Aller directement au contenu
Your browser is out of date. It has known security flaws and may not display all features of this websites. Learn how to update your browser[Fermer]

Coup follow-up


Copy of Gülen supporters under threat in Switzerland


 Autre langue: 1  Langues: 1

The Turkish Embassy in Switzerland threatened on Friday to take legal action against local supporters of Fethullah Gülen, whom Turkish president Erdogan alleges is responsible for last week’s coup. The Swiss Federal Office of Justice responded that if it proceeds, Turkey will need to follow established legal channels.

President Recep Tayyip Erdogan has been searching for those responsible for the July 15 coup attempt. At a press conference on Friday morning, the Turkish Ambassador ad interim, Volkan Karagöz, referred to Gülen’s movement as a terrorist organisation. Gülen – a former Erdogan supporter who now lives in exile in the United States – has been designated public enemy number one by Erdogan.

There are hurdles to overcome if Turkey wants to prosecute potential coup supporters in Switzerland, the Federal Office of Justice told the Swiss News Agency. When a foreign country needs information from Switzerland for use in criminal proceedings, it is necessary to file a request for mutual assistance.

To date, no such request in connection with the coup has been received from Ankara, according to a spokeswoman from the justice office.

Further, if a foreign government wants to arrest people living in Switzerland, it must file a request for extradition. This must fulfill certain prerequisites. For example, an offence must be punishable in both countries. Switzerland does not provide legal assistance if it considers an offence to be primarily of political character, said the justice office.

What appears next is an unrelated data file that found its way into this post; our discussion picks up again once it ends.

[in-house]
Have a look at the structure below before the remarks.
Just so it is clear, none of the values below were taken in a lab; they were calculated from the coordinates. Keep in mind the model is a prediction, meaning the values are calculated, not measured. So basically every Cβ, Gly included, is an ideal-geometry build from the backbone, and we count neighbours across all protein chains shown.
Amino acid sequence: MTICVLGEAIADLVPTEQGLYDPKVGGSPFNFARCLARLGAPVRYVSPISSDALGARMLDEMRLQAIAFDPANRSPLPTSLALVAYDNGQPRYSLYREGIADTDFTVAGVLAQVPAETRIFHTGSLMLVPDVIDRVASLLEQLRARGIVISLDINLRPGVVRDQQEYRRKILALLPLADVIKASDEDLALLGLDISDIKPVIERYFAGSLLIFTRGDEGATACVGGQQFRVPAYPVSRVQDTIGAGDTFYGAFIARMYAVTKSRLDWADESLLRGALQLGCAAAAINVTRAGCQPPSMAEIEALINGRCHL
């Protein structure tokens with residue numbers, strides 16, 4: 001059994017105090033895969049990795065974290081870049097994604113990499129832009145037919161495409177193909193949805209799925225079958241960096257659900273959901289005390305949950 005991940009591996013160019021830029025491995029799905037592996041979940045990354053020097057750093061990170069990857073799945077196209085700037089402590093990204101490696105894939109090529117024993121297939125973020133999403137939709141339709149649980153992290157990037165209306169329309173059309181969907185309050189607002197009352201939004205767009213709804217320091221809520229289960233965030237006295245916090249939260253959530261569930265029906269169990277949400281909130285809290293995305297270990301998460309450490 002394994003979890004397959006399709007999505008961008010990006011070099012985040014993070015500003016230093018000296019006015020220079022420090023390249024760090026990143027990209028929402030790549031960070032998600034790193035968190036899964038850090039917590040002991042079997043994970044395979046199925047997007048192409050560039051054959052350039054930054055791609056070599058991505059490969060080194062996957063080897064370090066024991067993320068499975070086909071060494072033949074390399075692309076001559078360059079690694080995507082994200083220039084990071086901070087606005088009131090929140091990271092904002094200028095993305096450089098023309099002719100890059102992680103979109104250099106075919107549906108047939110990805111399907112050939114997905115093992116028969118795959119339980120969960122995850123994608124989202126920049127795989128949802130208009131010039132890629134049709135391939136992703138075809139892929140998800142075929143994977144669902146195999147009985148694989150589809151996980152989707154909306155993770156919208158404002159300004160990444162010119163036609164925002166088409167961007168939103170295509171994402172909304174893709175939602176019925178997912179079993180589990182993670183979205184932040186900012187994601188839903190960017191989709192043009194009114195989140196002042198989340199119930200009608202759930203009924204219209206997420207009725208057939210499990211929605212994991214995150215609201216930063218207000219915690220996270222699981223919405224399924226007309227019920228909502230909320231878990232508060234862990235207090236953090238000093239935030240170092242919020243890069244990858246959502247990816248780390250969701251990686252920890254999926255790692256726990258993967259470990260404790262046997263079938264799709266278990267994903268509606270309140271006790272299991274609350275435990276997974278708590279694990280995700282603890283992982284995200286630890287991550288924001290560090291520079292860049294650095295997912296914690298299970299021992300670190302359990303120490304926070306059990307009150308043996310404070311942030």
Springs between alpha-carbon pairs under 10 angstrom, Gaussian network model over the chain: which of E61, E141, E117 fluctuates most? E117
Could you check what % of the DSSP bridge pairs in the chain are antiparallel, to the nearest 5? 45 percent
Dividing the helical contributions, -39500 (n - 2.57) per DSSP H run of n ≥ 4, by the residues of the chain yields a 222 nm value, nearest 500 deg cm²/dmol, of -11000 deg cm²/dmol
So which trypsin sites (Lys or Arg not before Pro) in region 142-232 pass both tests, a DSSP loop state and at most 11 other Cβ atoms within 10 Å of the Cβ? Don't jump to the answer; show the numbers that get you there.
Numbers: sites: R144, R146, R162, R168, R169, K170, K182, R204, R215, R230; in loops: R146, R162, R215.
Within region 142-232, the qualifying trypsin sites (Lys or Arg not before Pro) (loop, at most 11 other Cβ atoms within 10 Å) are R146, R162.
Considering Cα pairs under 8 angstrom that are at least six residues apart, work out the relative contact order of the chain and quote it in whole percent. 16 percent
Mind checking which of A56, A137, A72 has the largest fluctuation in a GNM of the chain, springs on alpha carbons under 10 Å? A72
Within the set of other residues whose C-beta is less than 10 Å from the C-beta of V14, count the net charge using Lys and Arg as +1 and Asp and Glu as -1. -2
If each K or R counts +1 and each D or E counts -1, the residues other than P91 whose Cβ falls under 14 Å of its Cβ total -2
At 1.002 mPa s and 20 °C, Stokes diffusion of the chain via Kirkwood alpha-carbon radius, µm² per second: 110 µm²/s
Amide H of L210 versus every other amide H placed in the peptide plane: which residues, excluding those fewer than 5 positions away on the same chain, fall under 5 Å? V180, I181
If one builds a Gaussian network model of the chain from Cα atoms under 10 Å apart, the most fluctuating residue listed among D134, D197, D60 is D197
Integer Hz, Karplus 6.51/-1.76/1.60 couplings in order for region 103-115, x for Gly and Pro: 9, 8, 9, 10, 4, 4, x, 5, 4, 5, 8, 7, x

Asked whether members of the Gülen movement living outside of Turkey would be considered terrorists by the Turkish government, Karagöz said that Switzerland and Turkey have different definitions of terrorist organisations.

Relations between supporters and opponents of Turkish President Erdogan living in Switzerland are under strain in the wake of last week’s failed coup, according to Swiss papers.

The split between the reclusive US-based Muslim cleric and Erdogan, which took place three years ago, has divided the Turkish community in Switzerland.

An estimated 120,000 people with Turkish roots, including 68,000 Turkish citizens, currently live in Switzerland.

swissinfo.ch and agencies

Droits d’auteur

Tous droits réservés. Le contenu du site web de swissinfo.ch est protégé par des droits d’auteur. Il est destiné uniquement à un usage privé. Toute autre utilisation du contenu du site web au-delà de celle stipulée ci-dessus, en particulier la diffusion, la modification, la transmission, le stockage et la copie, nécessite le consentement préalable écrit de swissinfo.ch. Si vous être intéressé par l’utilisation du contenu du site web,contactez-nous à l’adresse contact@swissinfo.ch.

En ce qui concerne l’utilisation à des fins privées, il vous est uniquement permis d’ utiliser un hyperlien menant vers un contenu spécifique et de le placer sur votre propre site web ou sur le site web de tiers. Le contenu du site web swissinfo.ch peut être exclusivement incorporé dans un environnement sans publicité et sans aucune modification. Une licence de base non exclusive et non transférable est accordée et s’applique spécifiquement à l’ensemble des logiciels, des dossiers, des données et leur contenu téléchargeables sur le site web swissinfo.ch. Elle est limitée à un seul téléchargement et enregistrement desdites données sur des appareils personnels. Tous les autres droits restent la propriété de swissinfo.ch. En particulier, toute vente ou utilisation commerciale desdites données est interdite.

×